For the carbs should I add needle jets to my order ? Or is there a way to look at them to see if they need replacing?
I'll check the floats.

I have the twin Brembo disks fitted to the bike, but I suppose your comment still applies to these. Would it be sensible to take these apart before refilling the system with break fluid? (see photo; there's a fair amount of rust..)

Lastly (for now at least) it looks like it would be sensible for me to add a torque wrench to my tool box, which one of the following would serve me best:
28 - 210 Nm, 1/2 inch or 
7 - 105 Nm, 3/8 inch

Thanks again
Tom
  

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TomHoldom
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Re: Leaking Master Cylinder
Reply #3 - 09/25/18 at 10:13:39
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Hi just taken the fuel tap from the tank and its full of rubbish - obviously needs a good clean out. Any advice on cleaning products would be useful
  

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Barry
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Re: Leaking Master Cylinder
Reply #4 - 09/25/18 at 13:51:49
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TomHoldom wrote on 09/25/18 at 08:23:55:
I'll definitely change the oil then (hadn't done it for some time before I stopped using it)
Should I do them all, or could I just change the engine and simply check and top up levels on gearbox, drive shaft and rear bevel?

for the engine oil I read a 20w - 50 is ok?
for the gearbox 75W-90? & is this the same for the drive shaft and rear bevel?

The motorbins kit for the master cylinder only includes the piston assembly, but the diaphragm is apparently also still available on http://www.capitalcycle.com in the states. My problem is that I don't know what parts I need, as I don't know whats causing the fluid leak.....I guess once (if.....) I manage to get it apart this may become clearer?

For the carbs should I add needle jets to my order ? Or is there a way to look at them to see if they need replacing?
I'll check the floats.

I have the twin Brembo disks fitted to the bike, but I suppose your comment still applies to these. Would it be sensible to take these apart before refilling the system with break fluid? (see photo; there's a fair amount of rust..)

Lastly (for now at least) it looks like it would be sensible for me to add a torque wrench to my tool box, which one of the following would serve me best:
28 - 210 Nm, 1/2 inch or
7 - 105 Nm, 3/8 inch


Changining the trasmission oils is less critical than the engine oil provided an inspection shows there is no water contamination but given you need only a little over 1 litre of oil it might be safer to change them. 75w90 is fine for all 3 and 20W50 for the engine. 

Brembo calipers on a 78 are good news in many respects. It means they are not original and therfore not as old as the bike, they are less suceptble than Ate to corrosion and spares are much cheaper if you do need them.  Rust on the outside is not really a functional issue, it's whether or not the pistons have siezed. If they are not both free to move the brakes won't work and even too much stiction will cause the brakes to sqeal as the pistons will not retract. After 10 years I suspect you'll need to rebuild them.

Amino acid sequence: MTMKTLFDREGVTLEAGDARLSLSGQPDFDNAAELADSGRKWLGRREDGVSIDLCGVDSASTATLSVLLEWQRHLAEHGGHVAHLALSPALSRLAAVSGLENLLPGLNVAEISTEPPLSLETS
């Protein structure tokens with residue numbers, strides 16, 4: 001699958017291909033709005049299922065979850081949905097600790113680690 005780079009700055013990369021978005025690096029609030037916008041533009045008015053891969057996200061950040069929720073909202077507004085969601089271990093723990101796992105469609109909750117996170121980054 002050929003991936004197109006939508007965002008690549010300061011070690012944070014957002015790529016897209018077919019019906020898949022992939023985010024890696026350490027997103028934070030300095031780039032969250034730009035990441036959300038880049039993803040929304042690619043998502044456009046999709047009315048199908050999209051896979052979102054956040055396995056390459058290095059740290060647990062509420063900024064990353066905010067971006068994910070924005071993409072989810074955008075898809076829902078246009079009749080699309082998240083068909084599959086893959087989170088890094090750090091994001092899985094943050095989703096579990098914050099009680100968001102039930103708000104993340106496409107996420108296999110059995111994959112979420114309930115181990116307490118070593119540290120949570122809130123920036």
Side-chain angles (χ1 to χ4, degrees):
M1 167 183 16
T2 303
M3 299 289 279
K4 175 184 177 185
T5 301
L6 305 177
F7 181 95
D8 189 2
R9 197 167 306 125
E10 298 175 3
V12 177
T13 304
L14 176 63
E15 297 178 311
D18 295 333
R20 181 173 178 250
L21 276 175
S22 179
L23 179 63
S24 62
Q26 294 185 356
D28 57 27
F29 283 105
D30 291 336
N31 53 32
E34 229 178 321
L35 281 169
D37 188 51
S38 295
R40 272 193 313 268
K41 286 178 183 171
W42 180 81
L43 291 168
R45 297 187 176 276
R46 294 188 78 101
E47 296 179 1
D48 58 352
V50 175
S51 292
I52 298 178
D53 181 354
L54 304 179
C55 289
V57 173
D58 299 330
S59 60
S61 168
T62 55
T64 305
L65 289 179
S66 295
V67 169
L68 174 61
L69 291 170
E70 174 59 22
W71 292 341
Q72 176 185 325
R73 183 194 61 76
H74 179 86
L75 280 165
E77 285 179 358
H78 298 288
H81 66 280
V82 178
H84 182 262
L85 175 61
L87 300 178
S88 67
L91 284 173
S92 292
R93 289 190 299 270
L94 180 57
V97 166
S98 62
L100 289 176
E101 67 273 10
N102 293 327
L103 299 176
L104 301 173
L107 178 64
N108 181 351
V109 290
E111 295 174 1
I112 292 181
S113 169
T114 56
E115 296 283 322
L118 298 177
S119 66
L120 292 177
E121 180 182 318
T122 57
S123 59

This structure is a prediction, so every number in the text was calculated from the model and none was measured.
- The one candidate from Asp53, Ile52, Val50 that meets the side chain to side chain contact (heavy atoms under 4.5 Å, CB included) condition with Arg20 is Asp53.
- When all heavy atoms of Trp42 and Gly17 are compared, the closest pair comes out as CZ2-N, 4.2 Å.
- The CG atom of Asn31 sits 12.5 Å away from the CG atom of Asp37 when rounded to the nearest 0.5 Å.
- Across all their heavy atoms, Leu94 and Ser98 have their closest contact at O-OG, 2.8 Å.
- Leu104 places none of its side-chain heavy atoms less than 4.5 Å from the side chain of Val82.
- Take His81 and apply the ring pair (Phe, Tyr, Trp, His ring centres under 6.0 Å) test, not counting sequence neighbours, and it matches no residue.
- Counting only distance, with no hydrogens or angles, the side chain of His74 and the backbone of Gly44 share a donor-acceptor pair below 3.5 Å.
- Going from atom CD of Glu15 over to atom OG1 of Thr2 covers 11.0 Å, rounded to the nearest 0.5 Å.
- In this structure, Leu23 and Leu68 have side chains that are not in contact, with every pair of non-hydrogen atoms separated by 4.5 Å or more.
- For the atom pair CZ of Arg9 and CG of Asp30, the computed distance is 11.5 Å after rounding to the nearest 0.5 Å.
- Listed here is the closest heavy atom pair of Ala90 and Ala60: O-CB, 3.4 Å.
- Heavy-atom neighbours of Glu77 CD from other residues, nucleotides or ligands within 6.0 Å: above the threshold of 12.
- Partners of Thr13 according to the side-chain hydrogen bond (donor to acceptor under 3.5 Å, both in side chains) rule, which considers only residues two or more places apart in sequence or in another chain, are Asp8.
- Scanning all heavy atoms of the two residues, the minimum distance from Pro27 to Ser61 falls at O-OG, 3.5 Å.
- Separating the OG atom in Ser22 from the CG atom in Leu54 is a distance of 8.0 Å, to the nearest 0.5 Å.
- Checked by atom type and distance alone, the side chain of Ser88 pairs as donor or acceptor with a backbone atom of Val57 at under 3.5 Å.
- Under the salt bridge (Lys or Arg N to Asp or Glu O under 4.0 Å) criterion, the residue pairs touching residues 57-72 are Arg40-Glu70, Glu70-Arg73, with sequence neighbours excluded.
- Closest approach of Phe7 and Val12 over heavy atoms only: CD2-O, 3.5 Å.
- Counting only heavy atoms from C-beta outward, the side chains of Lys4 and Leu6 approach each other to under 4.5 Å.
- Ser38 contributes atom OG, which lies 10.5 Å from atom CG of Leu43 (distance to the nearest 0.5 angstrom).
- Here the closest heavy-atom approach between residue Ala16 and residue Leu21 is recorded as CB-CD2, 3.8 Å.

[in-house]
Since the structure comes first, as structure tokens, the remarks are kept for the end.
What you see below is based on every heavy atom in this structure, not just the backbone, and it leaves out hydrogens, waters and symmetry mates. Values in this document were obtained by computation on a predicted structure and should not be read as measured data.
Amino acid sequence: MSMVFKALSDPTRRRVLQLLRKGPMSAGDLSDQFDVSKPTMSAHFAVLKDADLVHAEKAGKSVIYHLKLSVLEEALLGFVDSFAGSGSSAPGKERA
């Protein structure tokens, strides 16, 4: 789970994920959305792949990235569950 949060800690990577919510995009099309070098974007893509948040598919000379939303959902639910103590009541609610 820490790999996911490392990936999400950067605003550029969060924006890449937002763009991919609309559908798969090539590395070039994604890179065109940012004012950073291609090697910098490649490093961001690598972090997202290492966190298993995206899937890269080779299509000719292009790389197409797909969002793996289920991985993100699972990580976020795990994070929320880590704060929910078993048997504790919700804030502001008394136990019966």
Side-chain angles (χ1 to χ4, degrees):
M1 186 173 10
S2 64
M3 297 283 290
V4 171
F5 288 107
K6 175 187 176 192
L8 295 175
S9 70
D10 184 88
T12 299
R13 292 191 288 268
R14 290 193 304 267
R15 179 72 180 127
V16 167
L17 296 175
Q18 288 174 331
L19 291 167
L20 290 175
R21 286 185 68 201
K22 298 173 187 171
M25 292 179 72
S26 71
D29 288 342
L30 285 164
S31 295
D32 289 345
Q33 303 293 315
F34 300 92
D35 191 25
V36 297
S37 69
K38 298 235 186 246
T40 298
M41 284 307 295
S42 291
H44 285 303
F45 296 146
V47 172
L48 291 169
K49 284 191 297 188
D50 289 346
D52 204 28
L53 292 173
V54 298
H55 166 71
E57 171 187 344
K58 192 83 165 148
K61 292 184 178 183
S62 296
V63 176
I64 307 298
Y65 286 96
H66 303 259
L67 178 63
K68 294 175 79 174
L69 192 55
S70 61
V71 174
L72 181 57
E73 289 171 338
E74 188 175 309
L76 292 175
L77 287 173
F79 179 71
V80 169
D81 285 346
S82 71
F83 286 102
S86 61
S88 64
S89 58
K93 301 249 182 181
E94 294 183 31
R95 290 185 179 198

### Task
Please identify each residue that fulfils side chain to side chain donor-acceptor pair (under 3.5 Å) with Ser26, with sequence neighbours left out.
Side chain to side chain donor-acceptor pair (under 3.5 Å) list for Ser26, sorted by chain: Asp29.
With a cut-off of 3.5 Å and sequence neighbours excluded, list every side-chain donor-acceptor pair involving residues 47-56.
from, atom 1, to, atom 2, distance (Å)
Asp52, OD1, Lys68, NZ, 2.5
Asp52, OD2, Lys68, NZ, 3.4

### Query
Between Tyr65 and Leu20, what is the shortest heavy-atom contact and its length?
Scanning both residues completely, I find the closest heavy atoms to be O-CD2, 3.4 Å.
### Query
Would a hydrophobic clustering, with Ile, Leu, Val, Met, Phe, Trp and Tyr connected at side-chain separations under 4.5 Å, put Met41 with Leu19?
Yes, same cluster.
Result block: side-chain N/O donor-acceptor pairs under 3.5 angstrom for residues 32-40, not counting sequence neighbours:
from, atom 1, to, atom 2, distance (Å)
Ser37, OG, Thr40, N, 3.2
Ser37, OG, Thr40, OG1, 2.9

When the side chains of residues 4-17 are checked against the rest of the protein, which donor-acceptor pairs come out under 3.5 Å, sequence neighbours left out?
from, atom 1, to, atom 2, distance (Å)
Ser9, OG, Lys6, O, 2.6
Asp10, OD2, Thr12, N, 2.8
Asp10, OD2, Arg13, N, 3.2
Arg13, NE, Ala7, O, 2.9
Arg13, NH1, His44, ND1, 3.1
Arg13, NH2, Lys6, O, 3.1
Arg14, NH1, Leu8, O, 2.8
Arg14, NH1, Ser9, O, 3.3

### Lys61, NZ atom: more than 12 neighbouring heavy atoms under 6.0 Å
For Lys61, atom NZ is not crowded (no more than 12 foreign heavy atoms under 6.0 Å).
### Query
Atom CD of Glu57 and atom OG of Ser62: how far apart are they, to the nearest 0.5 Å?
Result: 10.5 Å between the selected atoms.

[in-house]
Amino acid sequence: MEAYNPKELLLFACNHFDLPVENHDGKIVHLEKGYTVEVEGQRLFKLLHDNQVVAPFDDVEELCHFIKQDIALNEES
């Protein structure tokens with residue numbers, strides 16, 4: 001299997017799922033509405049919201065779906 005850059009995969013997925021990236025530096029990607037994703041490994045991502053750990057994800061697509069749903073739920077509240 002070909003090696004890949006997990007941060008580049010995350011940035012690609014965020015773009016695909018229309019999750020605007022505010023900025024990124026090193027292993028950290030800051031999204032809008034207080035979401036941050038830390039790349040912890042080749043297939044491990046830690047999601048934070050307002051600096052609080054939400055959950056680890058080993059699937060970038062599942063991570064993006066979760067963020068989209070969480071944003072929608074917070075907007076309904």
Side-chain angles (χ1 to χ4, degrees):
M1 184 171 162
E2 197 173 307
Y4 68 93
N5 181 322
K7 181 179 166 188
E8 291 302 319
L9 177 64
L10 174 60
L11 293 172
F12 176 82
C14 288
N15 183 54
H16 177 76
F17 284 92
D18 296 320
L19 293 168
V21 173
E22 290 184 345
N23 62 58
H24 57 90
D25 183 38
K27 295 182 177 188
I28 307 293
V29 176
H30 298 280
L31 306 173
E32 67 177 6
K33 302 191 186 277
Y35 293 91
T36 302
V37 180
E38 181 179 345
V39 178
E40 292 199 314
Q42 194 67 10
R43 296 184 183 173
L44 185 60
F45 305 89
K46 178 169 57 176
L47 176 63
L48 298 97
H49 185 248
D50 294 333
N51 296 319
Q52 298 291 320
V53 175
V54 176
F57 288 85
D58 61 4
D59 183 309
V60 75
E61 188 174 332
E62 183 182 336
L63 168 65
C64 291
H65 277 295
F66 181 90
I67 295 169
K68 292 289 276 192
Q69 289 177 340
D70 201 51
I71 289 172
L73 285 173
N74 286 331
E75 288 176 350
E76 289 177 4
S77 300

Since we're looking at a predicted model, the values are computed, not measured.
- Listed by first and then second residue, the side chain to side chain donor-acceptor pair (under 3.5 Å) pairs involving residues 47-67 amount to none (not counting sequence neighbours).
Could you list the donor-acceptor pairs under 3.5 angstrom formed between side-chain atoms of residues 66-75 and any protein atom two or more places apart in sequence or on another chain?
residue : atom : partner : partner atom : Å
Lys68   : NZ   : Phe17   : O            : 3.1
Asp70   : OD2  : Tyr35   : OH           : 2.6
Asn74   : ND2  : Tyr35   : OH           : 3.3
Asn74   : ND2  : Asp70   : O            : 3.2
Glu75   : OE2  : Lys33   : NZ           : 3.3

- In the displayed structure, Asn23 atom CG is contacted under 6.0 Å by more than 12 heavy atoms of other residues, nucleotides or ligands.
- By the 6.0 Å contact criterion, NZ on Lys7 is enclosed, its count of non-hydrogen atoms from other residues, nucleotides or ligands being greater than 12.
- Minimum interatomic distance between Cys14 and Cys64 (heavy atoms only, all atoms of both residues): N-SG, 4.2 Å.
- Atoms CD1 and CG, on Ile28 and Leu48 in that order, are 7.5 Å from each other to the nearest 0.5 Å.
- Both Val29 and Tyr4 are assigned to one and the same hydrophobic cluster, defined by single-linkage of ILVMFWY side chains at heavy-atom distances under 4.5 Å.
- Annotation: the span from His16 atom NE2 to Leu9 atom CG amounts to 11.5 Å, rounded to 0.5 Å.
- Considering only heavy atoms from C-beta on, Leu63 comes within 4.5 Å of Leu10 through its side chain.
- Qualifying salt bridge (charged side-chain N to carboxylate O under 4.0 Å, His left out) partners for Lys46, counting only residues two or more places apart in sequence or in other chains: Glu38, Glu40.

Measuring needle jets for wear is a tricky business if you consider that the difference between one size of needle jet and the next size up is only 0.8 thousands of an inch. It therefore doesn't take much wear to make a big difference and you are not going to be able to measure that wear without accurate pin gauges which would cost more than new jets.

You can't do everything with one size of torque wrench but of the two the 3/8 wrench will be most useful.

The tap and therfore the tank are a mess and you will probably need to re-coat the tank inside. Not something I've done but you'll find lots of previous thtreads with a search.

  

Barry Cheshire, England 79 R45
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Justin B.
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Re: Leaking Master Cylinder
Reply #5 - 09/25/18 at 14:17:17
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I have done three tanks and found the POR15 tank liner to be the best, IMHO.  The tank on my '81 R100 was very nasty inside, original liner flaking off, etc.  I used Muriatic acid and sloshed and rotated it for about 12 hours and the inside of the tank was a nice matte gray with no liner or rust left.  After rinsing and drying I coated with POR15 and today the tank is still silver on the inside - after about 13 years or so.

You might want to think about a new fuel tap.  They are about £28.00 + S&H from MotoBins.
  

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Re: Leaking Master Cylinder
Reply #6 - 09/25/18 at 20:43:55
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If you plan on rebuilding the calipers take them apart first to make sure what size the piston are
Hopefully they are the standard 38mm 
Honestly I cant imagine riding the bike without rebuilding the brake hydraulics first   
« Last Edit: 09/26/18 at 21:27:02 by Mrclubike »  

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georgesgiralt
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Re: R65 Resurrection
Reply #7 - 09/26/18 at 02:09:11